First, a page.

Five Free Resources to Help You ‘Love Your Data’

Categories: Big Data, Quantitative, SAGE Posts, Tools and Resources

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Love Your data graphic_optIn support of Love Your Data Week (February 13-17), here are five freely available resources from SAGE Research Methods, SAGE Publishing’s methods library of books, reference works, journal articles, case studies, data sets, and a video collection on research methods, statistics, and evaluation.

The below articles and videos deal with common issues such as archiving data, cleaning and working with data sets, and the pros and cons of using register data in scientific research. Read on to see these resources, which are freely accessible all week long!

Is there such thing as perfect survey data? Register data comes close – rich, without bias, complete, longitudinal – but doesn’t come without its pitfalls. In this research method case study, Professor Dimitri Mortelmans and Inge Pasteels discuss the pros and cons of register data for scientific research.

Accompany Associate Director Louise Corti through a tour of the UK Data Archive, a center that curates high-quality research data for analysis and reuse, and learn more about the types of data they hold, the steps to collect it, and what’s involved in making it widely available to the research community.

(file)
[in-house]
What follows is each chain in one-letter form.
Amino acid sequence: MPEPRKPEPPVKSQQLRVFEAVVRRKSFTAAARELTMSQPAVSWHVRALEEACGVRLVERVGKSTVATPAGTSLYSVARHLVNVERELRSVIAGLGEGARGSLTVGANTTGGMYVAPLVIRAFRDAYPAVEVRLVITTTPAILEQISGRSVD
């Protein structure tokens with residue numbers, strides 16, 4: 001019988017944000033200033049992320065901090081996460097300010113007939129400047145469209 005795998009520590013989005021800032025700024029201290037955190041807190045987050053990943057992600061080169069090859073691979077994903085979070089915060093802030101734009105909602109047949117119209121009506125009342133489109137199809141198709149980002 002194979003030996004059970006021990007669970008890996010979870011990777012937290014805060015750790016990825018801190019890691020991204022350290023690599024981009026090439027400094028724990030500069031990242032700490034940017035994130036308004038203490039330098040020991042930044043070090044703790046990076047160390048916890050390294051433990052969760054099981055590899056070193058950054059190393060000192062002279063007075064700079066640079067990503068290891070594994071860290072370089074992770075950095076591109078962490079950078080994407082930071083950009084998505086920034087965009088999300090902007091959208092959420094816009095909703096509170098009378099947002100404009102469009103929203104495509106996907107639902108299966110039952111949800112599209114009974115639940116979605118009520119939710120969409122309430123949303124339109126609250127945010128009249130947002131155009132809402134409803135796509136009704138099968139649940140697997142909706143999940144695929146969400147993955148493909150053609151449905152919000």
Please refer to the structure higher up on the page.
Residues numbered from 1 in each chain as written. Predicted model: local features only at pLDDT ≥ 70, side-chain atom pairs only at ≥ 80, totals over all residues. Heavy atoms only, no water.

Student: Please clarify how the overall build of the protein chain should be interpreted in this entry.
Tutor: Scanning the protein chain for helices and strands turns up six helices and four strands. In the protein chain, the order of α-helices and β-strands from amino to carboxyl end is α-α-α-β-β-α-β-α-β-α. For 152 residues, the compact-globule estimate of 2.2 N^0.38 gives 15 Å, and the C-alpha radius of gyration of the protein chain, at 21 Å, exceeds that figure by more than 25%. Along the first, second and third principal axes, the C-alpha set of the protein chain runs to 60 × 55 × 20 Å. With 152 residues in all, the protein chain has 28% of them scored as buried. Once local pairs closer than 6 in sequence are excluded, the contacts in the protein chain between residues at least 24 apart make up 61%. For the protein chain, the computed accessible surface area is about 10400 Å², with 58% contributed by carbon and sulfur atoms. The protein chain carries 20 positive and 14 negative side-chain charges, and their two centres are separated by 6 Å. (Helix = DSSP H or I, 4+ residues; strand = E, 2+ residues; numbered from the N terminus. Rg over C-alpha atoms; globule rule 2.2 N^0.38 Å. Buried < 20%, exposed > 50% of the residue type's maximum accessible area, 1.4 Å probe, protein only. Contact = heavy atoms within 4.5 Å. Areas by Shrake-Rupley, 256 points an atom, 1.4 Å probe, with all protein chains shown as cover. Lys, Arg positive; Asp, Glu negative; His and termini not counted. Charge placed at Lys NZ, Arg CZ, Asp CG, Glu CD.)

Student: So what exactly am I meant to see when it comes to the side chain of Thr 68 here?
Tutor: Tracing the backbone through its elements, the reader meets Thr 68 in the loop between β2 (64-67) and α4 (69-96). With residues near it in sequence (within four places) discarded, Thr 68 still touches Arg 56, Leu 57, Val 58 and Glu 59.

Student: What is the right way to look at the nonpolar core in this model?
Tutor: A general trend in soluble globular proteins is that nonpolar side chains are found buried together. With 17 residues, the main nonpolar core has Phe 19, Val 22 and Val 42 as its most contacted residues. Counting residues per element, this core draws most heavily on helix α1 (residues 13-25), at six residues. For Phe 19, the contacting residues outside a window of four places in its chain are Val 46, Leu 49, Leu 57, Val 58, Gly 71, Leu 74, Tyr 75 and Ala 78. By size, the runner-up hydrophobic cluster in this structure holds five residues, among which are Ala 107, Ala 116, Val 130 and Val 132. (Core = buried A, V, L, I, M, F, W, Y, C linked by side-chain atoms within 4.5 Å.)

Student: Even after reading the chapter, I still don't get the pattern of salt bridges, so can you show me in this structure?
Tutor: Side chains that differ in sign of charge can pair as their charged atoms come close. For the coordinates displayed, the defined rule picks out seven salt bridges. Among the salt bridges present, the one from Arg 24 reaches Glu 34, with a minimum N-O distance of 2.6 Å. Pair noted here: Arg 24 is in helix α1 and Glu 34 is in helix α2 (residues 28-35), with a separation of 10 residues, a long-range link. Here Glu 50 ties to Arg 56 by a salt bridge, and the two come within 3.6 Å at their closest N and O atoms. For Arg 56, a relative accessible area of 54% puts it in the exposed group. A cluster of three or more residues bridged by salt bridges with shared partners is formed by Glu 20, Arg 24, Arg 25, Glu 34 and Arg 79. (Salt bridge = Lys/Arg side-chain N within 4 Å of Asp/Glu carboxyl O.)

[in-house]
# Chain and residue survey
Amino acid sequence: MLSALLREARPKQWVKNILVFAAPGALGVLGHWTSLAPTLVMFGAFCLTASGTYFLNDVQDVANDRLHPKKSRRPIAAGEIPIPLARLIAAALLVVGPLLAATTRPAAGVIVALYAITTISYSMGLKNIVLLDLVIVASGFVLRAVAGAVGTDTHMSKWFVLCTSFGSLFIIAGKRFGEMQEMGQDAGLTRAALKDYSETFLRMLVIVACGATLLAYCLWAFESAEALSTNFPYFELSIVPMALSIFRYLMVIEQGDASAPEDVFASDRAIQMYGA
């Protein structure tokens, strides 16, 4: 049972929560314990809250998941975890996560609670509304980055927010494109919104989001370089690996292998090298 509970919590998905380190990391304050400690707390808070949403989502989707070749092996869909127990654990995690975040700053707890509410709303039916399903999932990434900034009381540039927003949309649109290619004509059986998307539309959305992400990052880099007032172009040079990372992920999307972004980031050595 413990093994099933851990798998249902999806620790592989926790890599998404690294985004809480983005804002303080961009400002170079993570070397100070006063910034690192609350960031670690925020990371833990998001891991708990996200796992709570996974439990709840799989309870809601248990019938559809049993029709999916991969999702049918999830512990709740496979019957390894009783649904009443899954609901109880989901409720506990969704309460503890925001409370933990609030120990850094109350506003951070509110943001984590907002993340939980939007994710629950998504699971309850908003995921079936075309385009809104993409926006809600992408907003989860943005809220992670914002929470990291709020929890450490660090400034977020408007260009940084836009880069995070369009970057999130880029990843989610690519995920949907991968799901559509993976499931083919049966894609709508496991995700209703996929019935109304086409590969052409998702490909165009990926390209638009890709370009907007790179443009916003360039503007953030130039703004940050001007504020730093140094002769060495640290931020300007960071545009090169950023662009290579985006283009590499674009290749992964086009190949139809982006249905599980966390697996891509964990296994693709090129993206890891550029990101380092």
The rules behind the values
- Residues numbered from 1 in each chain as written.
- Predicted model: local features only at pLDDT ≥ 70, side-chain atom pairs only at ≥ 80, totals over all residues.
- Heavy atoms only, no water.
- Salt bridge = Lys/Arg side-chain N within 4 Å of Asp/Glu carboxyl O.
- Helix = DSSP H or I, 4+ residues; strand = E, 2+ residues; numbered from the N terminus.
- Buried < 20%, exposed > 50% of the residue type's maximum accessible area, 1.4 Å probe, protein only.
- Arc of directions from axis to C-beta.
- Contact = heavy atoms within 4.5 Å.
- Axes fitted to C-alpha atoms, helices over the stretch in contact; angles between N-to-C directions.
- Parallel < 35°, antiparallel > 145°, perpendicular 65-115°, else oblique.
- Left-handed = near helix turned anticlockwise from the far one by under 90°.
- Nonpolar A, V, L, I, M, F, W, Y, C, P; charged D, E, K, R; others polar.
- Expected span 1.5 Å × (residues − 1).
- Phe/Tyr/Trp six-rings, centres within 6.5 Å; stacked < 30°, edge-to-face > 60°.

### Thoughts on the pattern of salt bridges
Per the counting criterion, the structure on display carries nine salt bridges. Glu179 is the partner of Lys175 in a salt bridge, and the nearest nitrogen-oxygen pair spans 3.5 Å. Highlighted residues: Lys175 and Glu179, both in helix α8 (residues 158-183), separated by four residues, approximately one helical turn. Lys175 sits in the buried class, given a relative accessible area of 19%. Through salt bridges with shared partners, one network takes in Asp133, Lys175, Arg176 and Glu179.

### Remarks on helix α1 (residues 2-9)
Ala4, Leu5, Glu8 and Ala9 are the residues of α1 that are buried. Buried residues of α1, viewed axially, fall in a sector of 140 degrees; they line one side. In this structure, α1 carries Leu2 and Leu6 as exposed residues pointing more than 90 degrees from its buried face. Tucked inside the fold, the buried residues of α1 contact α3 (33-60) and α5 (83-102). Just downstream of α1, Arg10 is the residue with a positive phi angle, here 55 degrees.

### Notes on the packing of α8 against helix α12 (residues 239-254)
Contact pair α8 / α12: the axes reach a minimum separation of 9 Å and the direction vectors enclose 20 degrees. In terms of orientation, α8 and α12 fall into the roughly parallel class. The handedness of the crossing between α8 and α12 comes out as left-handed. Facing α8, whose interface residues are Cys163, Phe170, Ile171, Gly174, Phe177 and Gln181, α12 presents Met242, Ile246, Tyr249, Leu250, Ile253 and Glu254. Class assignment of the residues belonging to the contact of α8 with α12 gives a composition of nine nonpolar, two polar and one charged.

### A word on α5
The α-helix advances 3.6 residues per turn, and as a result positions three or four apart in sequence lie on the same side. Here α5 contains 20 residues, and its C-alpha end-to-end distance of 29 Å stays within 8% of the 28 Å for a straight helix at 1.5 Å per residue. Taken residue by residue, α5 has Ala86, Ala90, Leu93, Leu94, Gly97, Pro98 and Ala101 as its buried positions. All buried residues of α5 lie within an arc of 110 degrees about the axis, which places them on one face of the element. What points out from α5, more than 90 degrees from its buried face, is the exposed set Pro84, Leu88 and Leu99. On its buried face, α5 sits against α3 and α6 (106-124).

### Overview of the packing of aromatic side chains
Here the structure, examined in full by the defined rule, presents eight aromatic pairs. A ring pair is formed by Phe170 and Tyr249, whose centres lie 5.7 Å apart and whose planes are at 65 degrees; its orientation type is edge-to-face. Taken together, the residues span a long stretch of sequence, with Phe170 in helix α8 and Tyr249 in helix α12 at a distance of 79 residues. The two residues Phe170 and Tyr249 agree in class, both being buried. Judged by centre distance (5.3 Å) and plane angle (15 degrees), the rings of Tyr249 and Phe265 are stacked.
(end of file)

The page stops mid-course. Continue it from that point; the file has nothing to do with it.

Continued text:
Read how a group of researchers investigated the audience’s perspective on American hit show Mad Men, by looking at commentary from 11 Mad Men fan websites. Find out how they approached this Big Data project, and how key decisions were made about selecting, managing, and analyzing the big data set they compiled.

In this research method case study, Senior Lecturer Margaret Hurley, from the University of Central Lancashire, shares her experiences creating and cleaning her own data set as part of a research project on the medical history of the UK Cotton Workers’ Cohort: from the time it took to error-detecting techniques. She also covers topics about the significance and importance of this step for future research publications.

Watch Fiona Courage and Jessica Scantlebury describe their work with the Mass Observation Archive, which contains data on British public life. They send out directives and collect the observations of ordinary people, as well as preserving and cataloging materials. They also explain how best to start a career in archives.

Enjoyed these resources? MethodSpace will be offering special stories and content all this week. And you can keep up-to-date with SAGE’s our latest activities by following @SAGE_News@SAGElibrarynews and #SAGEDataWiz. And join the data conversation on social media by using the official Love Your Data Week hashtags #LYD17 and #loveyourdata.

 

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